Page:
Habitat Utilization and Density of Sea Cucumber (Cucumaria frondosa) on St. Pierre Bank, Newfoundland: Observations using a Towed Camera Sled in 2004 and 2005

Lay Summary 

Sea cucumber is an underutilized species in Newfoundland and Labrador waters, though little is known about this animal’s preferred habitat or population distribution. This research assessed the general amounts of sea cucumber on different types of sea floor by means of underwater video on St. Pierre Bank. While conducting this research, the camera also had a chance to observe a sea cucumber drag while actively fishing. Research with the camera went well, easily showing sea cucumbers from the sea floor on sandy bottom and with slightly more difficulty when on a gravel bottom. Researchers found a patchy, random accumulation of sea cucumbers rather than a uniform distribution on the sea floor. Researchers also found sea cucumbers in varying abundances on different seabed types, with the lowest abundances on rocky bottom to the greatest abundance on gravel/cobble bottom.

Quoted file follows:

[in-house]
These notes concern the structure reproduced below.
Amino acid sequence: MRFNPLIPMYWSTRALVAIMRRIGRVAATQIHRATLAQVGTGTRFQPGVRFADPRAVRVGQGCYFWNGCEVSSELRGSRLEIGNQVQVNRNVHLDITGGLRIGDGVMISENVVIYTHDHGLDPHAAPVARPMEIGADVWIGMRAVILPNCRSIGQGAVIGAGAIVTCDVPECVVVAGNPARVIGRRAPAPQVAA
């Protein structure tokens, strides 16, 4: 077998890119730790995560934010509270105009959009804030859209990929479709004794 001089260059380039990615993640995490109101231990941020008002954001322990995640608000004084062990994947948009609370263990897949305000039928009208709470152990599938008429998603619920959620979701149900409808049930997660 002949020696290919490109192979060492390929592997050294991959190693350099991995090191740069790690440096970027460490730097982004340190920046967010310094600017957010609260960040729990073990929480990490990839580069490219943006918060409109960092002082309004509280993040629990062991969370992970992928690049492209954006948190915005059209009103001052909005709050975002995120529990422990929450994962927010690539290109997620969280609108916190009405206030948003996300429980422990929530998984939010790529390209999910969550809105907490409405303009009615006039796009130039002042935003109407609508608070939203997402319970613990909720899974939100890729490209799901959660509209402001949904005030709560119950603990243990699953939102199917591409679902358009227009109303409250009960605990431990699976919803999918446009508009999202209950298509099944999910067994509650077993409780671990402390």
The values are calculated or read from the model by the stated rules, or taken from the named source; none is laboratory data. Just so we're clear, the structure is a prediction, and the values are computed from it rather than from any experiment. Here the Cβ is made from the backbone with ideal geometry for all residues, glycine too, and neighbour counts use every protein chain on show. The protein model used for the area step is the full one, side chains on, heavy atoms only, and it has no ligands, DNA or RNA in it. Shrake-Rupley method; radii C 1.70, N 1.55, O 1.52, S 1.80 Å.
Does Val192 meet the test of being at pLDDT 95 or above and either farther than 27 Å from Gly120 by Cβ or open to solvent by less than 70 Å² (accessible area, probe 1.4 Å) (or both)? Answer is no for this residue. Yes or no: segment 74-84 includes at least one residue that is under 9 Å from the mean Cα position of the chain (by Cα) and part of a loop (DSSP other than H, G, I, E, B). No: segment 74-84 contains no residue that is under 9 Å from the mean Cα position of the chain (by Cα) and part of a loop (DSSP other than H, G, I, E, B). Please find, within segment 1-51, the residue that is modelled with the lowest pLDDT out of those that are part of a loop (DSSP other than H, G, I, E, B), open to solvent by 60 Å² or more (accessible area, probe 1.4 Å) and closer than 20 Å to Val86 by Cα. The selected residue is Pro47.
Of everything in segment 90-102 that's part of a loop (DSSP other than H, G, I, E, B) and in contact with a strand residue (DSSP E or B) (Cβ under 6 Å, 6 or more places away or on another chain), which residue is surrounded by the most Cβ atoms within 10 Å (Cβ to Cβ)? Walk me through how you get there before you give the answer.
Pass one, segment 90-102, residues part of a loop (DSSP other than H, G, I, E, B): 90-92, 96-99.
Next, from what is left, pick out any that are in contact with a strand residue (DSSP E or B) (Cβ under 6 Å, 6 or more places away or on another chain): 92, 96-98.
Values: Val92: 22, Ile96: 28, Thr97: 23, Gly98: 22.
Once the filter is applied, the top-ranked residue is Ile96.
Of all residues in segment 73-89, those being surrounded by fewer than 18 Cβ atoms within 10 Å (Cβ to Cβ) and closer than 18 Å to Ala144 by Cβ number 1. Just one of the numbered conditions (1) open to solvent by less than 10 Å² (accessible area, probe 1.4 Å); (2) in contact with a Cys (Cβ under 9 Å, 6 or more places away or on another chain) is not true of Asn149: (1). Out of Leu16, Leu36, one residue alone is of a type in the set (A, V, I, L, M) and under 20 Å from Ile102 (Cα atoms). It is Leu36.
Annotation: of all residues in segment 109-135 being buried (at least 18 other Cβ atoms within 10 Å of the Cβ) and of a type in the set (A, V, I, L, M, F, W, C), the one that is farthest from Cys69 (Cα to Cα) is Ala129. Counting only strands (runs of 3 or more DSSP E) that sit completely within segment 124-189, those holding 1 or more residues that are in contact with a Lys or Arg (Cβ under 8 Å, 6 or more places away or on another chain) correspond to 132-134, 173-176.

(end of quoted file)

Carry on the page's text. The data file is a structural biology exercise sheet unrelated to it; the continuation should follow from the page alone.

There is much researchers can learn from the video taken during this research, including observations on feeding behavior, tumbling and movement behavior, neighboring species, predator field, and further work on seabed interactions with sea cucumbers.

Departments 
Centre for Sustainable Aquatic Resources
Funding 
Canadian Centre For Fisheries Innovation, Department Of Fisheries And Oceans, Department Of Fisheries And Oceans, Department Of Fisheries And Aquaculture, Marine Institute, Ocean Sciences Centre
Communities 
St. John's
Locations 
Newfoundland and Labrador
Canada
Themes 
Sea cucumber
Harvesting technology
Industry Sectors 
Fishing, Hunting and Trapping